Where The Popsicles Are-88

It hits the fan.

As a caregiver, there are times when you have to act as a public information officer regarding the health and situation of your patient. Family, employer, and friends will all be hungry for the latest information on the health of someone they care about, and you will be the main source.

This does place a burden on you, especially when things are going south, and it is all you can do to keep an eye on the patient, and take care of her needs. What I found to be useful, as I traveled this road with Joanie, was email. Phone calls are important when you want to inform someone in a hurry, but you have to limit those to family, employer and a couple of friends who can then relay the information to others. Problem with phone calls, is they can take time, and if you were to call everyone who wants the information, you would be on the phone for hours.

Another thing you will find out, is that you only tell half of the story. I did that all of the time. The fact that people are interested in two main things. They want to know how the patient is doing at that time, and they want to know when they might be able to stop by and see her, or talk to her on the phone. The other dynamic is that a lot of people don’t want to hear the details. Details can be hard to understand, and they make some people uncomfortable.

The only person who cares about the details is the doctor who is taking care of your patient.

In Joanie’s case, it was Dr. M. Roy Thomas, the oncologist from Mid-Dakota Clinic who was overseeing the latest round of Joanie’s chemotherapy treatments.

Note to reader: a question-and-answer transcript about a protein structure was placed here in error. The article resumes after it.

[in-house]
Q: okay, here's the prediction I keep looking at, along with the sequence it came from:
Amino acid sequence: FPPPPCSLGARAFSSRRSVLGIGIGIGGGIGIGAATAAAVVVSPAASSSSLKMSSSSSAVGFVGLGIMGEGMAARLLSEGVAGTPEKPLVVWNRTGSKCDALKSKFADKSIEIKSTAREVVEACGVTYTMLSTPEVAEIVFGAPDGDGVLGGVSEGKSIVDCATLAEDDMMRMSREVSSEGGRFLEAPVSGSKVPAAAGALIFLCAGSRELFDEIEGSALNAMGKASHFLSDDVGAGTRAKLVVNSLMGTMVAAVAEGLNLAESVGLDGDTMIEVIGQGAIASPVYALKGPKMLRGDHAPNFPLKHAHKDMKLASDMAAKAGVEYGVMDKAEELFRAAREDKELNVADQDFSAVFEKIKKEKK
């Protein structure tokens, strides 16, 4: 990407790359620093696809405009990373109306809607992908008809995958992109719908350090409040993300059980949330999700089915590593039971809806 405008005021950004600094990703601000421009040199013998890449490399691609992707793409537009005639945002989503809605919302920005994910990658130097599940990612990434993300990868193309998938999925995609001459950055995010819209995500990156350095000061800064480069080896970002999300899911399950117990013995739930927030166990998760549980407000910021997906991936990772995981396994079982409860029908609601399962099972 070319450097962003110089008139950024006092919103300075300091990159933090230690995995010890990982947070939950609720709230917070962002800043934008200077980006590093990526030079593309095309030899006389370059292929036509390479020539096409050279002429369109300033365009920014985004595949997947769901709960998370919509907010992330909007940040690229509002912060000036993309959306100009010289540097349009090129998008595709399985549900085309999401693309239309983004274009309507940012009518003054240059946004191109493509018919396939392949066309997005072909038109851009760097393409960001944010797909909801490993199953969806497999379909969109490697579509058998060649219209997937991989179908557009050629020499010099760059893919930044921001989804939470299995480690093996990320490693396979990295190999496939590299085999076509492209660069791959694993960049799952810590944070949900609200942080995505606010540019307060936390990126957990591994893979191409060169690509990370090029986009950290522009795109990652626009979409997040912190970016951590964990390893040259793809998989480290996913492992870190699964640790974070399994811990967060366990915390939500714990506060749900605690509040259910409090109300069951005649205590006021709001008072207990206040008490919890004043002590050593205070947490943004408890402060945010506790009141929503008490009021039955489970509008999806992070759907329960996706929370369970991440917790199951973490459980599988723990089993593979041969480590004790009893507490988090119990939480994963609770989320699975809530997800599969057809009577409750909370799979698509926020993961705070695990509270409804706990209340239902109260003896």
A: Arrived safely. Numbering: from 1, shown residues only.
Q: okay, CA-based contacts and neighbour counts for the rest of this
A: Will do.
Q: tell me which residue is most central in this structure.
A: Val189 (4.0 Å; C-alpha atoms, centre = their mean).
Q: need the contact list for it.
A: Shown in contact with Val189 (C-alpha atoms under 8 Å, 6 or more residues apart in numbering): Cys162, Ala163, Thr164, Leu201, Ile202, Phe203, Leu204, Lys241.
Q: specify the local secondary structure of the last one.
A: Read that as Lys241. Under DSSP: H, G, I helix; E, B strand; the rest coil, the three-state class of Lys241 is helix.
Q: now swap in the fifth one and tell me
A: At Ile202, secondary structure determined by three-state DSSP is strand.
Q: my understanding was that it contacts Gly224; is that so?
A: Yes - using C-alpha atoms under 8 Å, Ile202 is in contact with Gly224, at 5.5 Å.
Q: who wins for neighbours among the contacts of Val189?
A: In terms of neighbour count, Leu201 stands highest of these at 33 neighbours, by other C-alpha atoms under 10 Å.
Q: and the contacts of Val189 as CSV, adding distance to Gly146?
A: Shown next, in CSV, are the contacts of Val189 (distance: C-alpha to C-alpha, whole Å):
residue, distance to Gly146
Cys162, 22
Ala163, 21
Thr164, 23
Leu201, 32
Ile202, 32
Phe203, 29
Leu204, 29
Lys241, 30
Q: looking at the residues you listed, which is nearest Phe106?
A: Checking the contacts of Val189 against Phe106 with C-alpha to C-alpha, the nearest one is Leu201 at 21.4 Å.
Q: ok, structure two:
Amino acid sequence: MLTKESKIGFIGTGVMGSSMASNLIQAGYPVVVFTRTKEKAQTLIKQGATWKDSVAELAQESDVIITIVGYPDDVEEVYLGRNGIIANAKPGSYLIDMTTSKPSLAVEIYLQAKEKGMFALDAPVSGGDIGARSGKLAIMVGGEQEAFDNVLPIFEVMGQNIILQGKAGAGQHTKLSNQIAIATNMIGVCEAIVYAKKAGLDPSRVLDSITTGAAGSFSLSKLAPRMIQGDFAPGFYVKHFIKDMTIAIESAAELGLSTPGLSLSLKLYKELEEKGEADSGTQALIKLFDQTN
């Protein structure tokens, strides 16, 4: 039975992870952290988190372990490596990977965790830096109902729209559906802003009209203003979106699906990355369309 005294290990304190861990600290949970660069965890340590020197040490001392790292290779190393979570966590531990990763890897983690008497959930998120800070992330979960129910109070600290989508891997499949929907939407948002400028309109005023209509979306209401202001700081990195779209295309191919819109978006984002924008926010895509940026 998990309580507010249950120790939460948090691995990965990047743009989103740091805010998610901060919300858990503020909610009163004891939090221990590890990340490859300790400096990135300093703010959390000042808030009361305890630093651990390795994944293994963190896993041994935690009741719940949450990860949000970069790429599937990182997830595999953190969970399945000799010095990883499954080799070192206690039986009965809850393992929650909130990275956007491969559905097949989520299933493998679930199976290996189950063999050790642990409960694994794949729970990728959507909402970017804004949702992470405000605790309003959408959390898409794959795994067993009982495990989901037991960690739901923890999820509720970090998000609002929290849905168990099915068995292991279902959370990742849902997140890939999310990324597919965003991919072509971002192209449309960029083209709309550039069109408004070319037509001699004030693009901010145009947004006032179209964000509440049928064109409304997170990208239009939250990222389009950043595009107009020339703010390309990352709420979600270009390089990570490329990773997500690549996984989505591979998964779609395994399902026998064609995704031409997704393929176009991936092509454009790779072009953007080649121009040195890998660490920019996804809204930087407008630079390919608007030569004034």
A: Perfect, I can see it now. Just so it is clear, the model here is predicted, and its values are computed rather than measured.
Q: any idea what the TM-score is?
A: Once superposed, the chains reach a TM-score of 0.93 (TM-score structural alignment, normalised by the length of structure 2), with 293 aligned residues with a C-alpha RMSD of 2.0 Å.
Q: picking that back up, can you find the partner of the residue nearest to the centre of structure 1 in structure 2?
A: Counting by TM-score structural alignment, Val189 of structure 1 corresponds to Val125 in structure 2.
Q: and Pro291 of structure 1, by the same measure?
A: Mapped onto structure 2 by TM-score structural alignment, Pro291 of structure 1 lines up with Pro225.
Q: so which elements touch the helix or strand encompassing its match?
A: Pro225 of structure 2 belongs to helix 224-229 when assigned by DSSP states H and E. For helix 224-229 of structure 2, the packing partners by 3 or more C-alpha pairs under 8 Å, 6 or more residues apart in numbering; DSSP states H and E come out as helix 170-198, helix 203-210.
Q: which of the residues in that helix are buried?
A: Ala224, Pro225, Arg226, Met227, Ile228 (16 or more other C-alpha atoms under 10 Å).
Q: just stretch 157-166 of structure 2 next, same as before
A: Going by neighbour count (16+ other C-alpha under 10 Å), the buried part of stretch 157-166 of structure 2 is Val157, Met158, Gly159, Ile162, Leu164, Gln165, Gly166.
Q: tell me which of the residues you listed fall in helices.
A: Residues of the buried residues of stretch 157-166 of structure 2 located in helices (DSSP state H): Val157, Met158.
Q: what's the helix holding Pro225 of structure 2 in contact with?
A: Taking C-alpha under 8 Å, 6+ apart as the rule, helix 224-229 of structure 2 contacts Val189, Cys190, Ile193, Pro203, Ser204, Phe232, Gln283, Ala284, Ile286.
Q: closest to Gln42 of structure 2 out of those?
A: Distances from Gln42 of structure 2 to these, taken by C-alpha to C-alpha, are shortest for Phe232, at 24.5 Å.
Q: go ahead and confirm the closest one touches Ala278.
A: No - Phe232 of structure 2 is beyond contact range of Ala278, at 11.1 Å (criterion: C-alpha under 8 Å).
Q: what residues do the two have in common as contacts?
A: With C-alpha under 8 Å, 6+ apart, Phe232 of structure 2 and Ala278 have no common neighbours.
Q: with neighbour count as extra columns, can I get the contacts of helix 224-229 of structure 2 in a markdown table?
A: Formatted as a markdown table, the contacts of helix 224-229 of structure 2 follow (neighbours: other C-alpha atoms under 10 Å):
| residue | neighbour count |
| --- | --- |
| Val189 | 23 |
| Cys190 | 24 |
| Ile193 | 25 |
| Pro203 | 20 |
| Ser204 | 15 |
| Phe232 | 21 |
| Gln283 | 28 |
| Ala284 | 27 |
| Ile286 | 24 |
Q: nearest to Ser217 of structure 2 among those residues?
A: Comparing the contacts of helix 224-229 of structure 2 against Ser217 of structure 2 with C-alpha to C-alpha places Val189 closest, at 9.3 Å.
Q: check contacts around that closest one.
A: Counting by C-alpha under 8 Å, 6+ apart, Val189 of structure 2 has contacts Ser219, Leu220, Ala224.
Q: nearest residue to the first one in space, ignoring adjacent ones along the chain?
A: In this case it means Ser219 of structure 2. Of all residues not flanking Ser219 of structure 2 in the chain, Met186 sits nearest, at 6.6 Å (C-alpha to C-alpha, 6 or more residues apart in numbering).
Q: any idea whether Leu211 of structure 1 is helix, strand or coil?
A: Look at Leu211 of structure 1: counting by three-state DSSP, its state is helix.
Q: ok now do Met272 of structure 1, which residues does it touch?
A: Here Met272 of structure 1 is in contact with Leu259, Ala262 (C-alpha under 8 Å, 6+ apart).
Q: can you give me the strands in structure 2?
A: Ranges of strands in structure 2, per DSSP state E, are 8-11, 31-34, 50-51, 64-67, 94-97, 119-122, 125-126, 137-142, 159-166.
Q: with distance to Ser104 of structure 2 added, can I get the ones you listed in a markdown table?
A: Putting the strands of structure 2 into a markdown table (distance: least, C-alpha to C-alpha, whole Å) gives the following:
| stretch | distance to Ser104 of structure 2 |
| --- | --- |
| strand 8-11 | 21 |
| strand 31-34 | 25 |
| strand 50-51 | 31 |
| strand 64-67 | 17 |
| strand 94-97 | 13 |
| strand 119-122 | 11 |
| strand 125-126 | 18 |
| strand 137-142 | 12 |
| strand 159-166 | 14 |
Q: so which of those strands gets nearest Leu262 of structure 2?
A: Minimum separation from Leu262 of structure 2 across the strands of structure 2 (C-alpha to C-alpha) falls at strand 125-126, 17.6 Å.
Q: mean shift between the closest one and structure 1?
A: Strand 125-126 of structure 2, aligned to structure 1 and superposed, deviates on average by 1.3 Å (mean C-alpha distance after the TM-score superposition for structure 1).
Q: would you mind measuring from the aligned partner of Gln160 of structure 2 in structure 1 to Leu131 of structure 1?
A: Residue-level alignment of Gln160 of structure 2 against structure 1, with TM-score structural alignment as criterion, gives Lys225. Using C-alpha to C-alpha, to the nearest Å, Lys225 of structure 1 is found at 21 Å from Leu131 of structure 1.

I took a lot of notes detailing what was happening to Joanie when she was home after the treatments, and how things went south after the first chemotherapy treatment on March 14th.

An example of the difference between what I wrote in my emails to friends, and the notes I kept for the doctor show what I mean. I wrote about the difficulty she had with nausea after I got her home following the chemo. The email doesn’t even come close to telling the whole story about what she went through for those first 48 hours at home.

This is what one of the emails I sent on the day after we got her home:

“We got Joanie home on Wednesday morning after a long day on Tuesday. She handled the chemo really well, having only a couple of episodes when they were giving her the Ifosfamide. Other than that she did really well. The kept her in overnight, and we got her home the next morning. The rest of the day was uneventful, but the night was another story. She can’t sleep on her back due to the difficulty breathing so she spent most of the night on the couch. About 4 a.m. the nausea kicked in and she was in the bathroom. It hit again about 5 or so and I gave her a Kytril. She then slept until a little after 8 a.m. when it hit again. It hit again aoub 10:30 and again about 12:30 so it has been a rough day for her. It is a quarter after two this afternoon, and she has been resting comfortably since the last episode. I called her doctor this morning to fill him in on what has gone on, and he is prescribing another anti-nausea medicine for us to try.

That’s about the story from here right now. I will keep you advised on her progress. I’m hoping this nausea stuff will start going away.”

What follows are the notes I kept to share with Dr. Thomas:

“3-15-2006, Wednesday

“10 p.m. or so Joanie comes to bed, but can’t get comfortable due to the difficulty breathing. she couldn’t lay flat and get her breath. We propped up some pillows so she could half sit up and that was a bit better. The we moved her to the couch and she got comfortable and tried to go to sleep.

“3-16-2006, Thursday

“4 a.m. or so, she is in the bathroom throwing up. Not much comes up. Then she feels a bit better and goes back to the couch.